McKinnies is quick to rebut every reported allegation and “official detail.”
“My husband, who is ex-military, and my brother both carefully examined the knots in the sheet, which they described as ‘intricate Navy knots,’ something Danye would never have known how to tie since he was never in the military or even the Boy Scouts,” says McKinnies. “If you were going to kill yourself, would you create these challenging knots? Plus, it was not a sheet from our home,” says McKinnies.
In the police and medical examiner’s reports, Danye is described as 5’7” tall and 143 pounds.
“He was 6 feet tall and weighed between 150 and 160,” his mother points out. “His hair is described as ‘medium-length,’ but Danye always rocked a fade.”
Both reports state the cause of death as ‘suicide.’ Yet, no autopsy was performed to confirm that conclusion.
“They didn’t dust for prints. They didn’t speak with the family or check his phone. I alerted the police to the last text on Danye’s phone, which read, ‘I’m sorry.’ I know my baby didn’t write that. Danye was a poet; not a ‘yes’ or ‘no’ person.” McKinnies says one of the most haunting memories of that terrible day was the laughter of one of the detectives.
“That man laughed from the backyard to the front like he was in a comedy club. My baby was still on the ground. I asked another officer, ‘Is this how y’all act when someone’s loved one is laying out there, dead?’ No response,” says McKinnies.
McKinnies now fights for an independent investigation. New York state Sen. Kevin Parker took interest in the case and sent supporting letters in January to Acting Attorney General Matthew Whitaker and Missouri Attorney General Eric Schmitt. Parker also copied local and national legislators, asking that they step up and conduct independent investigations of Danye’s hanging death and the mysterious, “unsolved” deaths of other young Black and Brown men connected to the Ferguson protests.
There have been six deaths altogether:
In November 2014, Deandre Joshua, 20, was found shot in the head inside a torched car weeks after a jury declined to charge officer Darren Wilson with the fatal shooting of Michael Brown.
Twenty-nine-year-old Darren Seals, a friend of the Brown family, was also found shot inside a burned car two weeks later.
Ferguson activist MarShawn McCarrel, 23, of Columbus, Ohio, reportedly shot himself outside the Ohio Statehouse in February 2016.
Twenty-seven-year-old Edward Crawford, who was photographed throwing a flaming, tear-gas canister back at police during a Ferguson protest, reportedly shot himself in May 2017.
Danye Jones, 24, was found hanging from a tree in the family’s backyard by his mother on the morning of October 17, 2018.
In November 2018, Bassem Masri, a 31-year-old Palestinian American who supported the Ferguson protests by livestreaming them on social media, was found dead on a bus of an apparent heart attack. Toxicology results released in February 2019 reported a fentanyl overdose.
From Protest to Policy Fellow long-time activist Theda Person supports the fight to re-open all cases and says that Ferguson residents still live in a toxic atmosphere where police are the “threat,” not the “protection.” She says McKinnies is a dedicated woman.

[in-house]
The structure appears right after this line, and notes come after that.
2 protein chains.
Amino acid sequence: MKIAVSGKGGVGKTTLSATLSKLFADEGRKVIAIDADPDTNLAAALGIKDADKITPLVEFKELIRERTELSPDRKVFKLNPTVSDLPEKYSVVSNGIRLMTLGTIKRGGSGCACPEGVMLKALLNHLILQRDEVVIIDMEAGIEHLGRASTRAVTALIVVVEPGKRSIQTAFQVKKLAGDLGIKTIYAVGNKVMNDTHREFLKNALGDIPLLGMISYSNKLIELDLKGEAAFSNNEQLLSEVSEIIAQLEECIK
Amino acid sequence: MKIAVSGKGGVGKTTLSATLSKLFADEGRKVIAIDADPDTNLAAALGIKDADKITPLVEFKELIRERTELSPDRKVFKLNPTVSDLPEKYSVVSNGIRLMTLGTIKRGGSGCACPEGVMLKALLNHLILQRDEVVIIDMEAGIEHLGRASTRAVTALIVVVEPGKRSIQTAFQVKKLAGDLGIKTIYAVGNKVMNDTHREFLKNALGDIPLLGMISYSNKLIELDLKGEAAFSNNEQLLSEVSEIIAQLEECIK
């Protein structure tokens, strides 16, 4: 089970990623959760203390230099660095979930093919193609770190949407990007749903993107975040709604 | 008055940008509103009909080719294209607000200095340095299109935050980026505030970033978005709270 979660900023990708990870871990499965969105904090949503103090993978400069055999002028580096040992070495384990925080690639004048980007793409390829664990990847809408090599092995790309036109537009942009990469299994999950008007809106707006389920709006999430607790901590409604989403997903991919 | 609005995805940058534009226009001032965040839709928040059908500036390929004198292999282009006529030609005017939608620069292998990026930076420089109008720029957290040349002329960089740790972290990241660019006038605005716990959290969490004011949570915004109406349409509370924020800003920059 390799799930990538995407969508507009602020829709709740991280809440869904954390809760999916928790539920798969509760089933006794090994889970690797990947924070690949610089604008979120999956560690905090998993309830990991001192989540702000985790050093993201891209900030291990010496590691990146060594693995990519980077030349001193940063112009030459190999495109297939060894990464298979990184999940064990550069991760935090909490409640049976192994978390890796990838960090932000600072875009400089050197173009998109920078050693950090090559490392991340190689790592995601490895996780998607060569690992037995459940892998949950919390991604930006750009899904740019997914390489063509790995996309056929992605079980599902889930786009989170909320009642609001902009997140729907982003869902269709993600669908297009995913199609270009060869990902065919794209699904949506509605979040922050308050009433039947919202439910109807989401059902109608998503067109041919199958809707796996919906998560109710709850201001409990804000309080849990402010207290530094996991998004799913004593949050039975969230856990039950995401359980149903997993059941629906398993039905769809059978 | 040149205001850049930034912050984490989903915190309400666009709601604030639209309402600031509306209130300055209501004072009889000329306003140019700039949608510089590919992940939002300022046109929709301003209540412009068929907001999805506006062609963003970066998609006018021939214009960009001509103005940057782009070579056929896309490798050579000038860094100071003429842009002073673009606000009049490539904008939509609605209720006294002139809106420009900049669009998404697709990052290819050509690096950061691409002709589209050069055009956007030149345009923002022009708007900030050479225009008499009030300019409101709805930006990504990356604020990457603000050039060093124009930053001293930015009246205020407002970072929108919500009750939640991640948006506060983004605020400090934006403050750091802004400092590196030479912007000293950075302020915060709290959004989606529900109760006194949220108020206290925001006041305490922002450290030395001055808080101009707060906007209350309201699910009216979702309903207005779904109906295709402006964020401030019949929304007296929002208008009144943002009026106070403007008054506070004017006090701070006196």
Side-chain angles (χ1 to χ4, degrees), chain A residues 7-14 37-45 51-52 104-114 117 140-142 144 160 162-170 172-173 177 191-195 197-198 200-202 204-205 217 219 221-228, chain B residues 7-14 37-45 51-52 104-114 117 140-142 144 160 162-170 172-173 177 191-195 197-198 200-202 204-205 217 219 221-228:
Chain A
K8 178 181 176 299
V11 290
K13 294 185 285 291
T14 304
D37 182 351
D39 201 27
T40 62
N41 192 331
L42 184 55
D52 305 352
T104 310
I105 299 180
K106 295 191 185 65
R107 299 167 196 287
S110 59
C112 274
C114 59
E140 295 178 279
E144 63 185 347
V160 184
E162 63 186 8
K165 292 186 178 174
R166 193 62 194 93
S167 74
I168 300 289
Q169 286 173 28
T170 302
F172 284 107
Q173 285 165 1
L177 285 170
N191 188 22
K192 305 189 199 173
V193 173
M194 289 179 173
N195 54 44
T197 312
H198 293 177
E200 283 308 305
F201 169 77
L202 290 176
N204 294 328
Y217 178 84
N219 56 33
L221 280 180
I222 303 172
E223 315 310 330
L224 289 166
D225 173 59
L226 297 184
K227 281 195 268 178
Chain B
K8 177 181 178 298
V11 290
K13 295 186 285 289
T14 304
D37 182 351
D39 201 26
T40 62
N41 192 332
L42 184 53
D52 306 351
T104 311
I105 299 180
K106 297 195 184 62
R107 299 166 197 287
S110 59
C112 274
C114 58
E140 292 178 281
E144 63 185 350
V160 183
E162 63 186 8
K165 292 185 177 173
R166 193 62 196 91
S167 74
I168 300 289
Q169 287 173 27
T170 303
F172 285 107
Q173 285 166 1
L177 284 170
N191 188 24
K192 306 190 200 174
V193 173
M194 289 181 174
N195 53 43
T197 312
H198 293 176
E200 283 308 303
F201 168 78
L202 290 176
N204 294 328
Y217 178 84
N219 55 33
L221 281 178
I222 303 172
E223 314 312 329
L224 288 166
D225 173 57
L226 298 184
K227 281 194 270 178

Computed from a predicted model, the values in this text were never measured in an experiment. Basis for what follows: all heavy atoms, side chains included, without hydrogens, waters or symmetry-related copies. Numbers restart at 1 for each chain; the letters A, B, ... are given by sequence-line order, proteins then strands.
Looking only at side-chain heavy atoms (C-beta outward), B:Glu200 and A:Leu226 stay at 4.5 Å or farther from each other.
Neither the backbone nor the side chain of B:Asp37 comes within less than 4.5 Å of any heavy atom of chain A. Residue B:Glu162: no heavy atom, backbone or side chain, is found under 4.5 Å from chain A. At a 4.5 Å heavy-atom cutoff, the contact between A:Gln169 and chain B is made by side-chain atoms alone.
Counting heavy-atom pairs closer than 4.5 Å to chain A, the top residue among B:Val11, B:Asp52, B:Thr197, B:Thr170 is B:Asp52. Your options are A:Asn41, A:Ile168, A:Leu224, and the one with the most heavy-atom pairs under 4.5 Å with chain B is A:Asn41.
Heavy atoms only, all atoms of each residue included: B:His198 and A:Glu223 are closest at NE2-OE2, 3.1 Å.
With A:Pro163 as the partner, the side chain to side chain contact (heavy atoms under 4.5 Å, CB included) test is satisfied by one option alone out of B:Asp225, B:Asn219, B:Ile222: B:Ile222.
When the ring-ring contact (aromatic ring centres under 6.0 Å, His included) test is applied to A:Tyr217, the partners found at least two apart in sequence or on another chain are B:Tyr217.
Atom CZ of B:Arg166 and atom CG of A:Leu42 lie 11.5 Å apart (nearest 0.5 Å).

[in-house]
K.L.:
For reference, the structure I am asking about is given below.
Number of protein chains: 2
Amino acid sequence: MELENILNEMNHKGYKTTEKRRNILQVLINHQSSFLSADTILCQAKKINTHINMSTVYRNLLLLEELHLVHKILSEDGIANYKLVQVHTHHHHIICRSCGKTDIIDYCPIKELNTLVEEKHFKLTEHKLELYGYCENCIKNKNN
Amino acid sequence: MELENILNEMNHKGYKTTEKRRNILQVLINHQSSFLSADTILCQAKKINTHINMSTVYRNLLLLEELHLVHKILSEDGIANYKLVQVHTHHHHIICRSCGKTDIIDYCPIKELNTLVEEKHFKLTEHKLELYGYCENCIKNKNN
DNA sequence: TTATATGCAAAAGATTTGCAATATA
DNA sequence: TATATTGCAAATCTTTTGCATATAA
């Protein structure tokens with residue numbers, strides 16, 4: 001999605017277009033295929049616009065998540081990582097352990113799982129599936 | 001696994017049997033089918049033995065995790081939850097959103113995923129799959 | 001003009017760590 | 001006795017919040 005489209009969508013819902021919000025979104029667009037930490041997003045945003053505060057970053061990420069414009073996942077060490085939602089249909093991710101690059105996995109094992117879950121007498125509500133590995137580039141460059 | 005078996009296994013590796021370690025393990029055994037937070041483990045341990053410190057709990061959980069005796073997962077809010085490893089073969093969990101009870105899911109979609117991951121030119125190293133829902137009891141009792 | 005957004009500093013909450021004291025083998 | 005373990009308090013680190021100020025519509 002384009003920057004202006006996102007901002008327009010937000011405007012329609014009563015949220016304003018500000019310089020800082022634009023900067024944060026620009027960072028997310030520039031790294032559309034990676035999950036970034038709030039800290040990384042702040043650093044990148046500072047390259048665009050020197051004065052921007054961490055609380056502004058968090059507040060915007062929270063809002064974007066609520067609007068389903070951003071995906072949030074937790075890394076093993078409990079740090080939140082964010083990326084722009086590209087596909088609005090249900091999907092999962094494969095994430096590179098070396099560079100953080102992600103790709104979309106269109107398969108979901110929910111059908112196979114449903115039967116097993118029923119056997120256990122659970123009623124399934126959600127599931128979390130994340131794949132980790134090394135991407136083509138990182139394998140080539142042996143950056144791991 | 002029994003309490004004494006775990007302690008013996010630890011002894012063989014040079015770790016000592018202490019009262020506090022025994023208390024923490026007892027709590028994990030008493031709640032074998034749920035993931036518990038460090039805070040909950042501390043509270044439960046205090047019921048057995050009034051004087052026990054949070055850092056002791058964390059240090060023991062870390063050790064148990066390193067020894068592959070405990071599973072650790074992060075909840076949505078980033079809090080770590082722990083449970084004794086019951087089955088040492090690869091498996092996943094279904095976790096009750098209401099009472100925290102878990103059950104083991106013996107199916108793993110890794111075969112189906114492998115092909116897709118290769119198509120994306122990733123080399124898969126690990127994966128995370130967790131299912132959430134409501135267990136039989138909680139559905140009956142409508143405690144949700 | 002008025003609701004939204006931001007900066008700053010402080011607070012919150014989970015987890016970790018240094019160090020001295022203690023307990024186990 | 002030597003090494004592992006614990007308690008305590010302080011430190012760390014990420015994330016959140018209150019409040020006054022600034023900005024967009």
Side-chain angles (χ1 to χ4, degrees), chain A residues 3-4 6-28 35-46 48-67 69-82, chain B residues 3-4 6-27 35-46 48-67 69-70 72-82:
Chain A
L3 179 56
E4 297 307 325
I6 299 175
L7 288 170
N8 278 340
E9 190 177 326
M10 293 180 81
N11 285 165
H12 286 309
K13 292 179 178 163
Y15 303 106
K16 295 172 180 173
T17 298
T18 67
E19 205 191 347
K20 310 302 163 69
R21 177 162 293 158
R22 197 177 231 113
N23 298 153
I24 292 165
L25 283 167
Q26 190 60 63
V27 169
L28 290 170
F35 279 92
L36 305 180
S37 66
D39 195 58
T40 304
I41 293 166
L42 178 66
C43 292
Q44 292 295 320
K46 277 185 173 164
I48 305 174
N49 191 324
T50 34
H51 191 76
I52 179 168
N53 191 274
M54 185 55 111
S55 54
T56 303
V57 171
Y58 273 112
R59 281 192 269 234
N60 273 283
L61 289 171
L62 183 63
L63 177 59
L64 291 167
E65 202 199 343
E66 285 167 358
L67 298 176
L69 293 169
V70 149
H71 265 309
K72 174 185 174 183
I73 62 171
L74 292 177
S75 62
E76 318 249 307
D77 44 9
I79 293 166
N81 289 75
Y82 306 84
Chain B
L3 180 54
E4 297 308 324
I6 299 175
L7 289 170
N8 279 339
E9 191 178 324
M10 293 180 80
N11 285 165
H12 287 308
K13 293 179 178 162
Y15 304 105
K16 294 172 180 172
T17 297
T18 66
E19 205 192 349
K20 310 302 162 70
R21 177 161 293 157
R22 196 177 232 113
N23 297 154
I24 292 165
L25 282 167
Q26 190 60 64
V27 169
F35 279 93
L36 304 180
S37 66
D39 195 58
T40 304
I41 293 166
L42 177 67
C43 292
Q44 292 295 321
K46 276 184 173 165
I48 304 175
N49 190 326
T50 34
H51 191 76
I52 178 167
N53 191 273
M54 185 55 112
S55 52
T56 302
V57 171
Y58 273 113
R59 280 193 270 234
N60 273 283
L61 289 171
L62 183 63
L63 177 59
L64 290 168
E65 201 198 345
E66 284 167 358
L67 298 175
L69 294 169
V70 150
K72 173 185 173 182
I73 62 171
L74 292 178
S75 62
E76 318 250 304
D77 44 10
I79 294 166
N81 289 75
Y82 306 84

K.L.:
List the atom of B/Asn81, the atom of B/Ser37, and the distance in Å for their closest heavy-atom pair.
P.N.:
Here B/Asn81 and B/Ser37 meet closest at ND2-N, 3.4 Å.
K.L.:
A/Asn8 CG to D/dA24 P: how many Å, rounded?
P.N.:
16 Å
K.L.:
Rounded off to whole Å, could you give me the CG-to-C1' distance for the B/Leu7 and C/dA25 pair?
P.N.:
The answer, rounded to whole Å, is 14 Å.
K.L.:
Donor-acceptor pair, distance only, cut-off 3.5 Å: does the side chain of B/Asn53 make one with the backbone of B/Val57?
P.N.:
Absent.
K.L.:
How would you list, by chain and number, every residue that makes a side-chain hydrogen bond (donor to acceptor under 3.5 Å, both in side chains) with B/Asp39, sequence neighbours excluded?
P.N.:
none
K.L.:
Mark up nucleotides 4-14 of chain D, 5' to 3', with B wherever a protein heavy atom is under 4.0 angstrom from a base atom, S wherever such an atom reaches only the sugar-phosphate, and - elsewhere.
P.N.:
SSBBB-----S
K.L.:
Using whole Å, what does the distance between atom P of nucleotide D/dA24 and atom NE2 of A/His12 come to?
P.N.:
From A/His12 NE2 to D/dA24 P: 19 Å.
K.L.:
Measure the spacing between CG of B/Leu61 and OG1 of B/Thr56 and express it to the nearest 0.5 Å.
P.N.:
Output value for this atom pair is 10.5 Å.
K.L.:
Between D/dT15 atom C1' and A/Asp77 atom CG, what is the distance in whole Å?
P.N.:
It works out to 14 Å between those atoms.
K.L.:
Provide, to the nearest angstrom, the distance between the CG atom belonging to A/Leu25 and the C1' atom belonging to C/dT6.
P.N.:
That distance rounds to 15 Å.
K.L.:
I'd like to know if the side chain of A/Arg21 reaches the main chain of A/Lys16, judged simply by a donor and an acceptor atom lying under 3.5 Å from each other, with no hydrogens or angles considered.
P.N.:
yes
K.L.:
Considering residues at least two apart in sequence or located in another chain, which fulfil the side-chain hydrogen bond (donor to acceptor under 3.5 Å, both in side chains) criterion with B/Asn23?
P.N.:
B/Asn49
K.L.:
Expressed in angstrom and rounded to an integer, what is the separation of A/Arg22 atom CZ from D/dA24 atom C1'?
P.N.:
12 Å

“After all her sacrificing for others, why isn’t Melissa not getting all the support? All the outrage? All the on-going national attention?”
McKinnies and other Ferguson activists believe that the protests generated as much resentment as they did support. Though there is no solid proof or corroboration that Ferguson police were involved in the deaths of the Ferguson activists, statistically, the St. Louis area ranks infamously high in the number of police-involved deaths of African-American men. A recent NBC News poll notes that “13 of the 100 largest U.S. city police departments kill Black men at higher rates than the actual U.S. murder rate.” St. Louis is sixth on that list.
Both McKinnies and Person are done with marching. They want policy change from within by people who aren’t afraid to act, along with less aggressive policing and real economic growth in the area.
A young Black attorney and former Ferguson city councilman, Wesley Bell, handily defeated longtime St. Louis County Prosecutor Bob McCulloch in the Democratic primary. Two days after Bell was sworn in on Jan. 2, 2019, he promptly fired veteran assistant county prosecutor, Kathi Alizadeh, who presented the evidence to the grand jury that failed to indict Ferguson police officer Darren Wilson, and her staff. Bell’s office had no comment on Danye’s case at this time.
But newly-elected Ferguson Ward 3 City Council member, Fran Griffin, a long-time activist, is asking for “an independent investigation by an independent medical examiner outside of St. Louis” to look at Danye’s case. As an elected official, Griffin, a mother of three, promises to “put her money where her mouth is.” She vows to “work on policy that will shape a police department that does not aggressively police the people in the community. Right now, their policies are not designed with us in mind.”
Five months after Danye’s untimely death, McKinnies remembers him as her miracle baby, impatiently entering the world three months ahead of time, weighing just 2 lbs. 7 oz. on Nov. 19, 1993, fighting for every breath. The battles continued for the first nine years of Danye’s life. When he began to walk, doctors diagnosed Danye with mild cerebral palsy, prognosticating that he would never walk correctly. They predicted that he would also be learning and speech disabled.
There were multiple surgeries, weeks-long hospital stays, heel cords on both feet so that Danye wouldn’t tip over, leg braces, wheelchairs and speech therapy. But, he claimed victory over every challenge, his mother says.
“Danye was always determined, adamant about being ‘normal,’” McKinnies reminisces, blinking back tears. “Despite every hurdle thrown at him, a fire inside that boy made him push harder so he could be the best.” — Sheila Banks is a St. Louis-based journalist.